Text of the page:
2. Fischer, Champlain’s Dream, 244.

Copyright © 2016, Yvonne Demoskoff.

Church Record Sunday: Marie-Antoinette Chouart’s 1731 Burial Record

July 5, 2016 marks the 285th anniversary of the death of my 7x maternal great-grandmother, Marie-Antoinette Chouart.

A daughter of intrepid explorer Médard Chouart, sieur des Groseilliers, Marie-Antoinette was born in June 1661 in Trois-Rivières.

In November 1677, Marie-Antoinette entered into a marriage contract with Jean Jalot, originally from Picardie, France, by whom she had eight children. Jean was killed by the Iroquois in July 1690. Five years later, Marie-Antoinette married Jean-Baptiste Bouchard dit Dorval in Montreal on 19 December 1695. The couple had six children, including son Jean-Baptiste (1698-1755), my ancestor.

1731 burial record of Marie-Antoinette Chouart
Marie-Antoinette Chouart's burial record (Généalogie Québec.com)

Marie-Antoinette died on 5 July 1731. The officiating priest, Cheze, recorded that she died at ten or two o’clock (the handwriting is difficult to read) in the morning. She was buried the next day in Montreal’s Notre-Dame cemetery. [1]

Her burial record (above) reads in French:


Le Sixieme Jour du mois de Juillet de L’annee / mil sept cent trente et un a ete inhumée dans le / cimetière [pres de] l’eglise le corps de marie antoinette / chouar agée de soixante et dix ans veuve de Jean / baptiste bouchart dit dorval, decedee le Jour precedent / vers les dix [deux?] heures du matin. ont ete present [?] Deat prêtre et talbot ecclesiatique qui ont Signé / avec nous[signed Deat / Talbot / Cheze]

My English translation:


The Sixth Day of the month of July of the year / one thousand thirty one was buried in the / cemetery [near the] church the body of marie antoinette / chouar aged seventy years widow of Jean / baptiste bouchart dit dorval, died the previous day / about ten [two?] hours of the morning. were present Deat priest and talbot ecclesiastic who have Signed [their names] with us[signed Deat / Talbot / Cheze]

Source:

1. Notre-Dame (Montreal, Quebec), parish register, 1726-1733, p. 133 recto, no entry no. (1731), Marie Antoinette Chouar [sic] burial, 6 July 1731; Notre-Dame parish; digital images, “Le LAFRANCE”, Généalogie Québec (http://www.genealogiequebec.com : accessed 18 December 2014).

Copyright © 2016, Yvonne Demoskoff.

Friday, July 01, 2016

Happy Canada Day!


Happy Birthday, Canada!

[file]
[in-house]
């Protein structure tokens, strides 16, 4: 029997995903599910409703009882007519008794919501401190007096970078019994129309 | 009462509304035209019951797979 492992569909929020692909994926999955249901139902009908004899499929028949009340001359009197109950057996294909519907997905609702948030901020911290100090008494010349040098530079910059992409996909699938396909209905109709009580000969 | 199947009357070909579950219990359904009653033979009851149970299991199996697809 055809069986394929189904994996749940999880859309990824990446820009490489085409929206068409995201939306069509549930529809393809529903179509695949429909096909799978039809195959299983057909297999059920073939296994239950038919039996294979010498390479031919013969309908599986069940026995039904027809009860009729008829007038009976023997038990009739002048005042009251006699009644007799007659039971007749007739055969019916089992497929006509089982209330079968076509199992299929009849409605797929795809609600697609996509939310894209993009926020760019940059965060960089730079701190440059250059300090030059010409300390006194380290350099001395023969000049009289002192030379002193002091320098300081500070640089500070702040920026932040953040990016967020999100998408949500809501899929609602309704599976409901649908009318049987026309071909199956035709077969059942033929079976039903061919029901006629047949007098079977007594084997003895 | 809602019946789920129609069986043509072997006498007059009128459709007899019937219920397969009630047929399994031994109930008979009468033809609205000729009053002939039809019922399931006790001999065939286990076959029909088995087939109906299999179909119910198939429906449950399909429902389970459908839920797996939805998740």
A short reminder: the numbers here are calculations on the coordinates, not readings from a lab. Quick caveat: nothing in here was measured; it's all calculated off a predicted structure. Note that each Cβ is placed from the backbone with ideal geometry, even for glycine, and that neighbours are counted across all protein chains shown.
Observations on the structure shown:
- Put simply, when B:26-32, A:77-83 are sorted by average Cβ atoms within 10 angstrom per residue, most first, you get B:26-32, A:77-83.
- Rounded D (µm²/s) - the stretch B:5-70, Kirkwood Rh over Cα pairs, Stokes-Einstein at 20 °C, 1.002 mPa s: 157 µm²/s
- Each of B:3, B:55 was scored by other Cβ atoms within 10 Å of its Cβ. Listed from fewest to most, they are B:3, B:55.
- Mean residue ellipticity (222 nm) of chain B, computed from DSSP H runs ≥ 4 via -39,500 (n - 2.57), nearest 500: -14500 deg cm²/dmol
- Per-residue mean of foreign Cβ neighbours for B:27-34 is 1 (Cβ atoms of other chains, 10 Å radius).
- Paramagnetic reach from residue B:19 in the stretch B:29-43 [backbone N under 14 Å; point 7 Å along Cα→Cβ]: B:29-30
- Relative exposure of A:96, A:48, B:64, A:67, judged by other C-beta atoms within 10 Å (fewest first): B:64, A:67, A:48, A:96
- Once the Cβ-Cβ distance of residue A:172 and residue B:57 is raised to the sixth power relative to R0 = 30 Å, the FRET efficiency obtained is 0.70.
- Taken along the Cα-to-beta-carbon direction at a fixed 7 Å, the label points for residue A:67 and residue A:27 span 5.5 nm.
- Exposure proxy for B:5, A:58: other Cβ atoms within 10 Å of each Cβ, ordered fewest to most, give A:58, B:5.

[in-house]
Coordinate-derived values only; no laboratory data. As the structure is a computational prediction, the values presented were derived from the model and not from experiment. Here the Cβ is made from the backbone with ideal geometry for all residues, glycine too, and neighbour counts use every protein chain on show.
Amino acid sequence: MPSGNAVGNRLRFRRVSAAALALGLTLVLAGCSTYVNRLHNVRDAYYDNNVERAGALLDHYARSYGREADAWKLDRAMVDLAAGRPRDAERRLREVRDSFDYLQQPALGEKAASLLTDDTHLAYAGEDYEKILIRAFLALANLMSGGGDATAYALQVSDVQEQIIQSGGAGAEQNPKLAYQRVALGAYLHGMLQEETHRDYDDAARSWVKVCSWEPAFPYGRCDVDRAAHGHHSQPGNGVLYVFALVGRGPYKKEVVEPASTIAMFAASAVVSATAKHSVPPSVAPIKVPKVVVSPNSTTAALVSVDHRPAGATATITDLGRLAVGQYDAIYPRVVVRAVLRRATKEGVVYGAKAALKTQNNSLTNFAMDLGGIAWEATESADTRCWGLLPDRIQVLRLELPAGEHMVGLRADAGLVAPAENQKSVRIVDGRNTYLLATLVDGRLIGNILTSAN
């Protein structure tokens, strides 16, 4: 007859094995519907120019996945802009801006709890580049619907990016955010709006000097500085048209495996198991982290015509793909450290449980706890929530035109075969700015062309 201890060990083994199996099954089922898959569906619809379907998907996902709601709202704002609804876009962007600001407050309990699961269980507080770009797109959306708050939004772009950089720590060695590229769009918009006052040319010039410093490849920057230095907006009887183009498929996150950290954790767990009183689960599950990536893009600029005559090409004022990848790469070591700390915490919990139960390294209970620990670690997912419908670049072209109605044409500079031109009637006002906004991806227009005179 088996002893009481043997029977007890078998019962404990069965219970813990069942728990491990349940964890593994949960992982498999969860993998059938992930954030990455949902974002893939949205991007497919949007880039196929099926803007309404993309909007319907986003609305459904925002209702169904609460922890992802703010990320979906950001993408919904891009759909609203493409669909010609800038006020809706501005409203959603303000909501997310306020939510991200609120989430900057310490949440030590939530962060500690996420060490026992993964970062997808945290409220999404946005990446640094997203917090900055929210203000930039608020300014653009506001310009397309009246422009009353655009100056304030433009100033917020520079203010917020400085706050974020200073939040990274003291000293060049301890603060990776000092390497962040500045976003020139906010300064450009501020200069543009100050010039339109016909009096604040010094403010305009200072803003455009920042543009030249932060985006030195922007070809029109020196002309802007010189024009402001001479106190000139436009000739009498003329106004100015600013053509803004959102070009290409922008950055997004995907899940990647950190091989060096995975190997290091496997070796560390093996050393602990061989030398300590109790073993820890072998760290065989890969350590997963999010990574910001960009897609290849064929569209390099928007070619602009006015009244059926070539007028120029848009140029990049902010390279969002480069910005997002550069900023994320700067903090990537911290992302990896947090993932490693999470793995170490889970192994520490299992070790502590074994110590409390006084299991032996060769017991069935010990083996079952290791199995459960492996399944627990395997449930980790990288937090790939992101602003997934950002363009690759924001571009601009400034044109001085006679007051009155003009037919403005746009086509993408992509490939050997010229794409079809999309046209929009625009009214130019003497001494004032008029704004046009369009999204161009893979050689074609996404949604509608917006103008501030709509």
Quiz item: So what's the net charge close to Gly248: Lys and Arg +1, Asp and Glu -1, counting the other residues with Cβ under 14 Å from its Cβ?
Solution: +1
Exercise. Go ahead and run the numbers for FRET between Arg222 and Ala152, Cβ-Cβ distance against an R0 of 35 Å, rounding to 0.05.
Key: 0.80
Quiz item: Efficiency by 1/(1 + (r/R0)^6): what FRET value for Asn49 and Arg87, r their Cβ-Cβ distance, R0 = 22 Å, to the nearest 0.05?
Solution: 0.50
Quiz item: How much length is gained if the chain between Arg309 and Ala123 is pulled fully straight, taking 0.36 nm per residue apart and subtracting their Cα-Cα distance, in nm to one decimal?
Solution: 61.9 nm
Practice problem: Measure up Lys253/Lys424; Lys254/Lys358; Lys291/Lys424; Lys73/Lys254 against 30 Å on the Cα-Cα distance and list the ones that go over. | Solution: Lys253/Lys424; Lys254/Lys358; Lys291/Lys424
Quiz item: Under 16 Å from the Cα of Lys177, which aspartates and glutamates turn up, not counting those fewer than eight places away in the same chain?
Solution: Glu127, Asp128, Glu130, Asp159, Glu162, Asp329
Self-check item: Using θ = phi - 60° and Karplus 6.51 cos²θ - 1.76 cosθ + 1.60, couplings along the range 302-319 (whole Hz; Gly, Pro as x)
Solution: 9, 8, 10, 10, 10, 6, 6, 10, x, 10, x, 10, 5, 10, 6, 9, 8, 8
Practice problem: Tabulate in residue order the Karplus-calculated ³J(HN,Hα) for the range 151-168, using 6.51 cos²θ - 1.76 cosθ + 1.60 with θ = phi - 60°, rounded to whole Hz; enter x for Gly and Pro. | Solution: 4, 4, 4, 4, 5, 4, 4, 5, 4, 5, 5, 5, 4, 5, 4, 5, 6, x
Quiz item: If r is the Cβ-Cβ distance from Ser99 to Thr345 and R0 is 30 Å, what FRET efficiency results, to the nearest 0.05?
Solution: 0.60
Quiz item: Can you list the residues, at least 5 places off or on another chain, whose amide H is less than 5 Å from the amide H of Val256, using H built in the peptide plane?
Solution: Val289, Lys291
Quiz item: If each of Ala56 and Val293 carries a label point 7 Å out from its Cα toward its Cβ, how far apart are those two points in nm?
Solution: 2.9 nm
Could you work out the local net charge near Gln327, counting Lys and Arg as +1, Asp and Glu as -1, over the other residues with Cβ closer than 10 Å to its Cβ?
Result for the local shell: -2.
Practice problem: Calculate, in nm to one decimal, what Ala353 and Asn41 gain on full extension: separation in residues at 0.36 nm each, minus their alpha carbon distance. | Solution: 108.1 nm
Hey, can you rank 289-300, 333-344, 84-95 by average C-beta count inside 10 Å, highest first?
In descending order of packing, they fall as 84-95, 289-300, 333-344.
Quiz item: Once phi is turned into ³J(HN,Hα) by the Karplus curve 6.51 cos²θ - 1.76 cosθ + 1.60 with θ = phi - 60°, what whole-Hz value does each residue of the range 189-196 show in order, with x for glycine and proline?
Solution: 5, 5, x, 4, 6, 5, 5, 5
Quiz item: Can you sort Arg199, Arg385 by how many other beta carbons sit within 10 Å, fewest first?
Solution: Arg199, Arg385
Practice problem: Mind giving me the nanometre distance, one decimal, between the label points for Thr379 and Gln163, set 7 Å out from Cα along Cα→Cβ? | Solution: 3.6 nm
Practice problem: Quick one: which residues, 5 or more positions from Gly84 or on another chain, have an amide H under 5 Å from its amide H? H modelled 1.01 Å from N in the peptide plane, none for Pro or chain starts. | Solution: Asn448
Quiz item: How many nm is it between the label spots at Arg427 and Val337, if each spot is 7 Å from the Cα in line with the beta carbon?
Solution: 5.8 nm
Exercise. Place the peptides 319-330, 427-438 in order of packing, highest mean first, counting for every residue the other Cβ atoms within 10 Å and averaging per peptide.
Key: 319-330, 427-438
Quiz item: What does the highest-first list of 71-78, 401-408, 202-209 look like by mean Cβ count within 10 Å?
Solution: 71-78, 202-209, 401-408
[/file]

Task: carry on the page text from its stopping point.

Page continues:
Today is Canada’s 149th birthday.
Have a safe and happy July 1st holiday, everyone!
Joyeuse fête du Canada, tout le monde!


Copyright © 2016, Yvonne Demoskoff.

Friday, June 24, 2016

Funeral Card Friday: Agnes Burchill

Front of In Memory card for Agnes Burchill

Agnes Burchill was the youngest sister of my paternal grandmother Julie (Vanasse) Belair.

“Aunt Aggie”, as my late father knew her, lived in Ottawa, Ontario, Canada since the late-1930s. I think the only time I met her was when my family and I were there on vacation, probably in the 1980s. We visited her and her husband “Uncle Freddie” at their apartment in a multi-storied building one afternoon. It was a real pleasure to meet my great-aunt because she was a connection to my beloved Mémère Julie. I was researching my family tree at this time, so I came prepared with questions for Aggie and Freddie. Unfortunately, I don’t know what happened to those notes and now remember very little about that visit.

Youngest child and youngest daughter of Olivier and Elizabeth (Vanasse) Vanasse, Agnes was born on 12 September 1905 in Chapeau, Pontiac County, Quebec. She had eight older siblings: Mary, George, William, Cecilia, Julie (my grandmother), Joseph, Corine and David.

Back of In Memory card for Agnes Burchill

Agnes died on 28 June 2000, Freddie having predeceased her in November 1989. They were both laid to rest at Capital Funeral Home & Cemetery in Ottawa.

Copyright © 2016, Yvonne Demoskoff.

Friday, June 10, 2016

Friday’s Faces from the Past: Jacqueline and her godchild

Jacqueline Belair with her sister Jeanne d'arc and her niece Kathy

Aunt Joan stands next to my Mom Jacqueline, who is holding her well-wrapped three-week-old niece and godchild Kathy. The photo was taken outside of Joan’s home on 9 June 1968. That’s the day when Katherine Anne, first child of Lino and Jeanne d’arc (Joan), was baptised at Sacred Heart RC Church in Timmins. Kathy’s godparents were her maternal aunt Jackie and her paternal uncle Rino.

I love the 1960s fashion. Mom and Aunt Joan wear a single-strand pearl necklace, Mom has gloves and I’m sure Joan did too, although we can’t see them in this picture.